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Banderas Bay Regatta

Three visits, one regatta, and an unnatural act

Raven's regatta logo (59K)We’ve been in the marina at Paradise Village, Nuevo Vallarta for six weeks now, which would be way too long in any other location. But have we had fun! There’s lots of social life, a gorgeous beach, three pools, a spa, seven restaurants, a mall with a decent supermarket, and good bus service into Puerto Vallarta. We are happy as clams at high tide, even though it’s a teensy bit like living in a tenement with boats all around us. Good thing they’re all friendly people. We’re on ‘Big Boat Row’ and practically the only boat without paid, professional crew aboard.

Next to us is the eighty-foot ‘Weston,’ owned by Nicholas Cage, who keeps threatening to fly down in his Lear, but never quite makes it. Apparently, he’s rushing to get a movie done before the big Hollywood strike. (Late News Break: ‘Nick’ arrived last night at midnight and by 1:30 a.m. woke us up by loudly spouting profanities at a woman via his cell phone. We were unimpressed.) His crew is nice, though, and they have a trap in the water under our bow where they keep their baitfish, feeding them cat food twice a day. The crew has had them for months, just waiting for Nick to come marlin fishing. We tease them that by now the baitfish have become pets with little collars and names like ‘Finny,’ and they’re going to have a tough time putting a hook into them when the time comes.

On the other side is ‘Dun Diggin’ (no accounting for taste, is there?), an 85-foot powerboat with a professional crew of three. Across the dock is ‘Tristan,’ a 120-foot motorsailer leaving tomorrow on a circumnavigation with a crew of four. Last week, the five-man crew of the eighty-foot New Zealand sailboat ‘Coconut’ left from the slip next door for the 2,800-mile crossing to the Marquesas in French Polynesia. At the same time, many of our friends on ‘normal-sized’ cruising boats are doing their last minute projects and provisioning to head out across the Pacific. There is a fairly organized ‘Pacific Puddle Jump’ group having weekly meetings and setting up a daily radio network for the crossing to the Marquesas. It will take most of them from three weeks to a month to hit the first landfall. The Captain is all ears and taking notes. The Crew is still reserving judgment. (Late news: We just heard that the first boat to arrive, a 42-foot singlehander, made it to Hiva Oa in only twenty days, a very good performance for her size.)

Visits and Guests

Michelle and the dolphins (61K)We came back to PV a couple of weeks early to meet Paul and Michelle, who had four days off for President’s Weekend. They seemed to like just hanging out on the beach and catching up on much-needed sleep and sunshine, while we were happy to spend some time together. We were able to fulfill one of Michelle’s wishes by arranging for her to swim with the dolphins. She was grinning from ear to ear.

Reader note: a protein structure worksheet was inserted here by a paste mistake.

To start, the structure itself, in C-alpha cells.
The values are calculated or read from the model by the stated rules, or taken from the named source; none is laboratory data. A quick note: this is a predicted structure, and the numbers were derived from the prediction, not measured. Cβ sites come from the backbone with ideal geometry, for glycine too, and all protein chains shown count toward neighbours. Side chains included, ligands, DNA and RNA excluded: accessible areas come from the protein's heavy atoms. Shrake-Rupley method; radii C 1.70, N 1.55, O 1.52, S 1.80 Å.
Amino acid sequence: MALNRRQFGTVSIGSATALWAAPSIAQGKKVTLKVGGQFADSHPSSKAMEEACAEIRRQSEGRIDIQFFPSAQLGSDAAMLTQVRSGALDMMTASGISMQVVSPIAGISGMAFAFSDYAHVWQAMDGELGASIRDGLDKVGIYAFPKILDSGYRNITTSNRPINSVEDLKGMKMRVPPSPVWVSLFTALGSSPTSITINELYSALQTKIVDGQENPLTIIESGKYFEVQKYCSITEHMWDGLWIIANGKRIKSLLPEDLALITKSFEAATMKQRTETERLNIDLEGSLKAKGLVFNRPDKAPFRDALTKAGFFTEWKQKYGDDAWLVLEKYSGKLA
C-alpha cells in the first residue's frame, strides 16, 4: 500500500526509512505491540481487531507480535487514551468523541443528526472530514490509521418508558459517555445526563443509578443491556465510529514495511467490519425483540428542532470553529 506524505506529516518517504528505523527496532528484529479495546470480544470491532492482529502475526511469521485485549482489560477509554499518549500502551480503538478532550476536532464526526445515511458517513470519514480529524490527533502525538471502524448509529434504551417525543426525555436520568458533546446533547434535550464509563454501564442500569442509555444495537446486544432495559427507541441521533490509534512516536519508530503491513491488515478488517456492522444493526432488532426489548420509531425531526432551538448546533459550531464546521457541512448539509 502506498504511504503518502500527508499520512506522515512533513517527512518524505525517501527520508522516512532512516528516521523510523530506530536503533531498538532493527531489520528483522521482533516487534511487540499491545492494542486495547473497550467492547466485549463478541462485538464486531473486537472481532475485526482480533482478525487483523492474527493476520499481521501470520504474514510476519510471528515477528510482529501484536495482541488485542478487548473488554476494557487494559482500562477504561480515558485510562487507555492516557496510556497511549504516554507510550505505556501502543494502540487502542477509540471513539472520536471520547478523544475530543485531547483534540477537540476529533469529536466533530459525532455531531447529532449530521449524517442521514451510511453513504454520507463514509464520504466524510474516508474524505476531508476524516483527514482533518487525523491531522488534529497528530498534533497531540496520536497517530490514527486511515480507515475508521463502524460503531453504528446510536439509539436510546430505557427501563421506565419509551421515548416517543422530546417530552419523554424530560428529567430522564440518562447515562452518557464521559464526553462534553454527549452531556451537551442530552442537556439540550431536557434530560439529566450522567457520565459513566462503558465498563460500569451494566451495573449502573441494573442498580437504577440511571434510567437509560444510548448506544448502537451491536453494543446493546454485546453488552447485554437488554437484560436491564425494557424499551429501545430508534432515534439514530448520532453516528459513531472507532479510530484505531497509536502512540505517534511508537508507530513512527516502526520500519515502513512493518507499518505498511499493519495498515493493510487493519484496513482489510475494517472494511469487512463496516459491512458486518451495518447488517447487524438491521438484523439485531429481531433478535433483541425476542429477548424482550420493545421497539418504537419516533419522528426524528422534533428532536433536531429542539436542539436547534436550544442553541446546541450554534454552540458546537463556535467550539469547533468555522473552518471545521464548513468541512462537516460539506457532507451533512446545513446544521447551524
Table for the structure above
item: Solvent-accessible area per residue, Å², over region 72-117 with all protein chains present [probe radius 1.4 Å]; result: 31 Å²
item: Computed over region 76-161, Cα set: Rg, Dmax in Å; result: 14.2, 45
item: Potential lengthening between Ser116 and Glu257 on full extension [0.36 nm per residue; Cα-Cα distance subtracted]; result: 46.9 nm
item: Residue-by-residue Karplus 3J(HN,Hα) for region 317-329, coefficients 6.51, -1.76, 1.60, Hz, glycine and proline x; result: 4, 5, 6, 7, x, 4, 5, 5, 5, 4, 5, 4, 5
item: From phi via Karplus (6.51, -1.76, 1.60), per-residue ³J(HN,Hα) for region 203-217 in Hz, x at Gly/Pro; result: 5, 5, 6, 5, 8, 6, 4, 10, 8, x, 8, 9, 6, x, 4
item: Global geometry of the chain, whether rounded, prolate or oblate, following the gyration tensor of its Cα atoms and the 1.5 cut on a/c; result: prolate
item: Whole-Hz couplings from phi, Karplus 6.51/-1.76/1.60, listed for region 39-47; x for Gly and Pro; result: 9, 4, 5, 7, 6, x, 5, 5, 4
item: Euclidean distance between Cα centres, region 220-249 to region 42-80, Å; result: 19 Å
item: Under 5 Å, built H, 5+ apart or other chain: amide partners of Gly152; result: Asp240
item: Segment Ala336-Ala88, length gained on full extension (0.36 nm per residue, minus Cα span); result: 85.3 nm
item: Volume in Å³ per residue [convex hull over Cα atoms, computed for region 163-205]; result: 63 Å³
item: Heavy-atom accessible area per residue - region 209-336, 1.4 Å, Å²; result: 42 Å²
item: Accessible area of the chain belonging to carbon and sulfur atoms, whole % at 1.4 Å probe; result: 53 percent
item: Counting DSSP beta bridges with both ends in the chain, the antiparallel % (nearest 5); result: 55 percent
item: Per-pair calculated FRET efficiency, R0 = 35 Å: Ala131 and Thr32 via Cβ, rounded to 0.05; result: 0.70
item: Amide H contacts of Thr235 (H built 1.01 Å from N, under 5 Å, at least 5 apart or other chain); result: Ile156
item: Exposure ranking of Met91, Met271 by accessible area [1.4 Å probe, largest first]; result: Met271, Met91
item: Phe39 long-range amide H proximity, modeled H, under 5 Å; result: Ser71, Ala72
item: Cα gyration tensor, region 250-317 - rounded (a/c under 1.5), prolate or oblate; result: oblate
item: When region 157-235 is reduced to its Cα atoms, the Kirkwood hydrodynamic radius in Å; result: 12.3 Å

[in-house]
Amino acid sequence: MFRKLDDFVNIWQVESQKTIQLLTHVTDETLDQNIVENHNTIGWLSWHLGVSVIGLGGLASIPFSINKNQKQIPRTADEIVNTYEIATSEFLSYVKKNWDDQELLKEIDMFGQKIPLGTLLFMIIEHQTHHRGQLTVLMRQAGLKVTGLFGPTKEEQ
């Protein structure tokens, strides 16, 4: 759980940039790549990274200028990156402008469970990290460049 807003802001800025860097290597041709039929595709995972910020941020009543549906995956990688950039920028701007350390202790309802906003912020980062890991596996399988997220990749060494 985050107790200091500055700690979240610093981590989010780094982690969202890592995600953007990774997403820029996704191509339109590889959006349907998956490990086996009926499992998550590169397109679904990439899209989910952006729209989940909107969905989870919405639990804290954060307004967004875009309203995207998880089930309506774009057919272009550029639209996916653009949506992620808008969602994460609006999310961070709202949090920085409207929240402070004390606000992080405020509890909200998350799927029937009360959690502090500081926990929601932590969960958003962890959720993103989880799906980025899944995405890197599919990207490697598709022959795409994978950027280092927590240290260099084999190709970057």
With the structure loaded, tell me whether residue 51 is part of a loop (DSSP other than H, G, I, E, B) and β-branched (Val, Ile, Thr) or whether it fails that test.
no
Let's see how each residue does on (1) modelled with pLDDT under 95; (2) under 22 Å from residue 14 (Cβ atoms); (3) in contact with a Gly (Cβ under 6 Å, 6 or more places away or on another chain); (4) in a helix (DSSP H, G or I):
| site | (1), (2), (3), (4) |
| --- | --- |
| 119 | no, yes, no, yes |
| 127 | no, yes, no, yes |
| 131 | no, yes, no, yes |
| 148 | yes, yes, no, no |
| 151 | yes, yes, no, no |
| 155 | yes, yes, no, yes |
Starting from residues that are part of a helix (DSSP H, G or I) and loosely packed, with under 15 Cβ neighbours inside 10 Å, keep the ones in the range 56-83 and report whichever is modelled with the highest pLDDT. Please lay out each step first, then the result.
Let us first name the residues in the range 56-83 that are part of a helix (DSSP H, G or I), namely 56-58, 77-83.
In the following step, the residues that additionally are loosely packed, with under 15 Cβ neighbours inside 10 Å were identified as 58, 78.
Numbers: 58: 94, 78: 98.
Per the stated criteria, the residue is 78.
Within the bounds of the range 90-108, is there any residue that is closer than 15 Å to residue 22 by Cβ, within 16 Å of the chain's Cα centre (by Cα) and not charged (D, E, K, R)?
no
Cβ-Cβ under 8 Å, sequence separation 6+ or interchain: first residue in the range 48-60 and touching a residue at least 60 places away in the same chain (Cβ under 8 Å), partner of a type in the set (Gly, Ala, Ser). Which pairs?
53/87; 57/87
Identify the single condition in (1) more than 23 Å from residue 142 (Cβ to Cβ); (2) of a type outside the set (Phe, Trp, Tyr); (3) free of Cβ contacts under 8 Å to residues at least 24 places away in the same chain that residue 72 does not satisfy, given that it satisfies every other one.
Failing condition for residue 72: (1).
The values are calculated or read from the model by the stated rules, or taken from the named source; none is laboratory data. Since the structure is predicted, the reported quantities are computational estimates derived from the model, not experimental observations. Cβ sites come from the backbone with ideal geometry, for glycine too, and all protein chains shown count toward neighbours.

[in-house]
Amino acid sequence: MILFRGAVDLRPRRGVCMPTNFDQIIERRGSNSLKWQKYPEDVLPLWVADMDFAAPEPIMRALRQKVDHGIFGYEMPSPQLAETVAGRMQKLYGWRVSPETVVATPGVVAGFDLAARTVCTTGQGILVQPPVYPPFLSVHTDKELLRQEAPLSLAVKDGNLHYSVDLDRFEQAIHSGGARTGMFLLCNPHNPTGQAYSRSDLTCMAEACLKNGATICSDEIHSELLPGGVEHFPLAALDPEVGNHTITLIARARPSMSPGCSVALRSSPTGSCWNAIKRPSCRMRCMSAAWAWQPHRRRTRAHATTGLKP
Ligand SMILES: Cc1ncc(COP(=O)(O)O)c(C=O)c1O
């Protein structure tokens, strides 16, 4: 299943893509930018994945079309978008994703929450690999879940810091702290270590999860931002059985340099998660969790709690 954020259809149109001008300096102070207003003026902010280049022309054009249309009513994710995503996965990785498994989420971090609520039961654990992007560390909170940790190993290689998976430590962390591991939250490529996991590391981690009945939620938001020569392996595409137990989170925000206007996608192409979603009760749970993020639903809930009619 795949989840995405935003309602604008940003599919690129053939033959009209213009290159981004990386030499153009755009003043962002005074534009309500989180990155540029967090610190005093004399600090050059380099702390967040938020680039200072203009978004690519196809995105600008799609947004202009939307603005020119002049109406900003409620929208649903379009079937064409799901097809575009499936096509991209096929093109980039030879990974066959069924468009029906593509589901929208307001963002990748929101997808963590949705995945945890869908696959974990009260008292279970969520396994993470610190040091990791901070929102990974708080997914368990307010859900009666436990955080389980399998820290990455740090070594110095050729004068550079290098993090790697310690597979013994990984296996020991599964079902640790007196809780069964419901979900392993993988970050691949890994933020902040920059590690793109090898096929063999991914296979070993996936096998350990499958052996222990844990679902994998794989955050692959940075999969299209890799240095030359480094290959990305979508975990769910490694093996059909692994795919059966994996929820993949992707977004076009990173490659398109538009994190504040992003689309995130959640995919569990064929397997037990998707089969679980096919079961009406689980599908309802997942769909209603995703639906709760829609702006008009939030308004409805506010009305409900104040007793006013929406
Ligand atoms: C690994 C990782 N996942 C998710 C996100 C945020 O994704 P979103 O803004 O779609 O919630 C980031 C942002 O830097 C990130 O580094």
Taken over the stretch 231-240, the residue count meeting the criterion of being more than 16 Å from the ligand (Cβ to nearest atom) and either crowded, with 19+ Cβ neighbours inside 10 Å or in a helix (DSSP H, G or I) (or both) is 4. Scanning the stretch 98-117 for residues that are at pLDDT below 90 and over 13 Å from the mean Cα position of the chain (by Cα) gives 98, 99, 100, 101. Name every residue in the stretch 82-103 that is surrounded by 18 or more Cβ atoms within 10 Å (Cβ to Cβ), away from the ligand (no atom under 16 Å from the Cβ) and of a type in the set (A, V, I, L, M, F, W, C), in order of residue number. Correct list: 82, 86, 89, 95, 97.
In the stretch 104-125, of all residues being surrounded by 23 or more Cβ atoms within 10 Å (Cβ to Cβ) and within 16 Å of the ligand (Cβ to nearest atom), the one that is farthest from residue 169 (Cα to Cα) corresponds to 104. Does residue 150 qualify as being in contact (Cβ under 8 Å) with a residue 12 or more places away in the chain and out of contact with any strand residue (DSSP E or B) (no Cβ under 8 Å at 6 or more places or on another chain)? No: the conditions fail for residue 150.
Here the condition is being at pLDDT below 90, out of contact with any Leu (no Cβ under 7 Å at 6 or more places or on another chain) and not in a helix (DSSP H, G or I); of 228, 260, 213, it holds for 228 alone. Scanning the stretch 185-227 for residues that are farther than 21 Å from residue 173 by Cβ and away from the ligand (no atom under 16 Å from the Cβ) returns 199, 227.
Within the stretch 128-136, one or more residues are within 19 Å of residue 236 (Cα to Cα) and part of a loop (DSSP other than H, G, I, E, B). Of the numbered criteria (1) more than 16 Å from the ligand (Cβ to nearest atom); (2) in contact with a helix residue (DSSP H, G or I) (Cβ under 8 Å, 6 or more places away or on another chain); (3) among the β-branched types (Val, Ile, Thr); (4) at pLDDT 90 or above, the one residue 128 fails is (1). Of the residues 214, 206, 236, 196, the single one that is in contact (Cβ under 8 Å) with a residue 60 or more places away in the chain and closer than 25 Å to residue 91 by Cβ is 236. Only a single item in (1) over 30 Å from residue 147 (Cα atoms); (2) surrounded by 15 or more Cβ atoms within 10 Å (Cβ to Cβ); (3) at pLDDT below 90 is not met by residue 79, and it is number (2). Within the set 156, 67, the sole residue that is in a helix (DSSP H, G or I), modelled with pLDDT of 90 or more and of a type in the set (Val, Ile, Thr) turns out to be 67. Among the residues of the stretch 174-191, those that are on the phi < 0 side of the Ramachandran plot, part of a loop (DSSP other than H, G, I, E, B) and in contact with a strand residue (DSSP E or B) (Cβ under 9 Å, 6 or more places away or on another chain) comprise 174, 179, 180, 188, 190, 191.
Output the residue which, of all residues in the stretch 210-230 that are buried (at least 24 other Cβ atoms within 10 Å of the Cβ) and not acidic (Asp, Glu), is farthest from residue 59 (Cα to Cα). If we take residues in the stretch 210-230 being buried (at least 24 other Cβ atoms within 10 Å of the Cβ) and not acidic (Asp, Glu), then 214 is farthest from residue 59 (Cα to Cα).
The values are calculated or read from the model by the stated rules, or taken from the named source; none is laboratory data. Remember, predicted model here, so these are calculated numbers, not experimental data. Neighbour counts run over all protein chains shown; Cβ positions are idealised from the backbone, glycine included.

Grocery store in El Tuito (69K)Mexican Train Dominoes with good friends (65K)Our next visitors were long time friends from the East Coast, who also seemed to like hanging out on our beach. We did a bit of exploring inland in a little hill town called El Tuito (including tasting mezcal-style tequila, the local moonshine). There was also plenty of shopping, lots of eating, and the squeezing of a few million limes for margaritas. Our sailing time included spotting five whales and catching one large crevalle fish. Just as the fish was escaping, taking our very large hook with him, we discovered that he was not very good eating anyway. We are learn-by-the-book fishermen, and we’re making very slow progress. The anchorage chosen for the night was about as appealing as the fish, and our friends turned Guacamole Green as we put the anchor down and started making dinner. I guess it was a tad rolly for them! We were close enough that we could come back to the relative calm of the marina, even though it was dark. It didn’t keep us from a big dinner and a rousing game of Mexican Train dominoes. (Don’t Jan tasting mezcal-tequjila in El Tuito (58K)laugh until you’ve played it! Highly addicting.)

One new event among the cruisers in the Bay is the Saturday night jam session here at Paradise Marina. It’s amazing how much musical talent there is among the cruisers, and their skills were especially in evidence on St. Patrick’s Day (check out the video).

Jam session on St.Patrick’s Day (1,342K)

Banderas Bay Regatta

Raven's race motto (22K)Raven's 'Rail Meat' is good looking but much too light (68K)All activity for the past month has been focused on the Banderas Bay Regatta, the largest sailing regatta in Mexico. Banderas Bay is a fifteen-mile-wide bay with consistent afternoon winds of ten to twenty knots. There are lots of boats in marinas around the Bay, but not many active sailors, so it’s like having a private ocean. It’s supposed to be a “cruiser regatta” with separate classes for liveaboard boats and race boats, but this proved not to be totally the case. We watched a few liveaboards offloading their worldly goods, or at least their anchors and all the chain, books, food, dinghies, and of course all the water and fuel. One boat in our division removed everything, including the wife, kids and all their clothes and toys. Since they won, I guess it paid off!

Raven crew before regatta (68K)Aboard Raven, that much effort would have been grounds for mutiny. We left the dinghy on the dock, which was allowed under the rules, but that was the extent of the offloading. All the extra weight didn’t help our speed (remember our extensive collections of books, tools, and spare parts?) but we were just out to have a good time with lots of friends. We did have a huge ‘battle flag’ made with our Raven logo. This was a big success, and a real bargain to have it custom made here in Mexico; it’ll see lots of use in future.

Raven's bowsprit artwork (60K)Mark's bowsprit antics (70K)Our neighbors aboard ‘Weston’ were amused (fascinated?) by our ten-foot extendable bowsprit and felt the need for some appropriate midnight artwork, as shown in the photos. We had a crew of eleven, some old friends, some new friends, but all just glad to be out sailing on sunny days. The Race Committee set a triangular Olympic course only eleven miles long, a little short for the big boats in the reliable local winds.

Day One proved to be the exception to the “reliable winds.” After a decent start in eight knots, the wind slowly died and made for a very long, hot day, except for the ultra-lightened boats. Out of sixty boats, only a dozen made it around the course before the cutoff time. We all were tired and fried by the end of the day.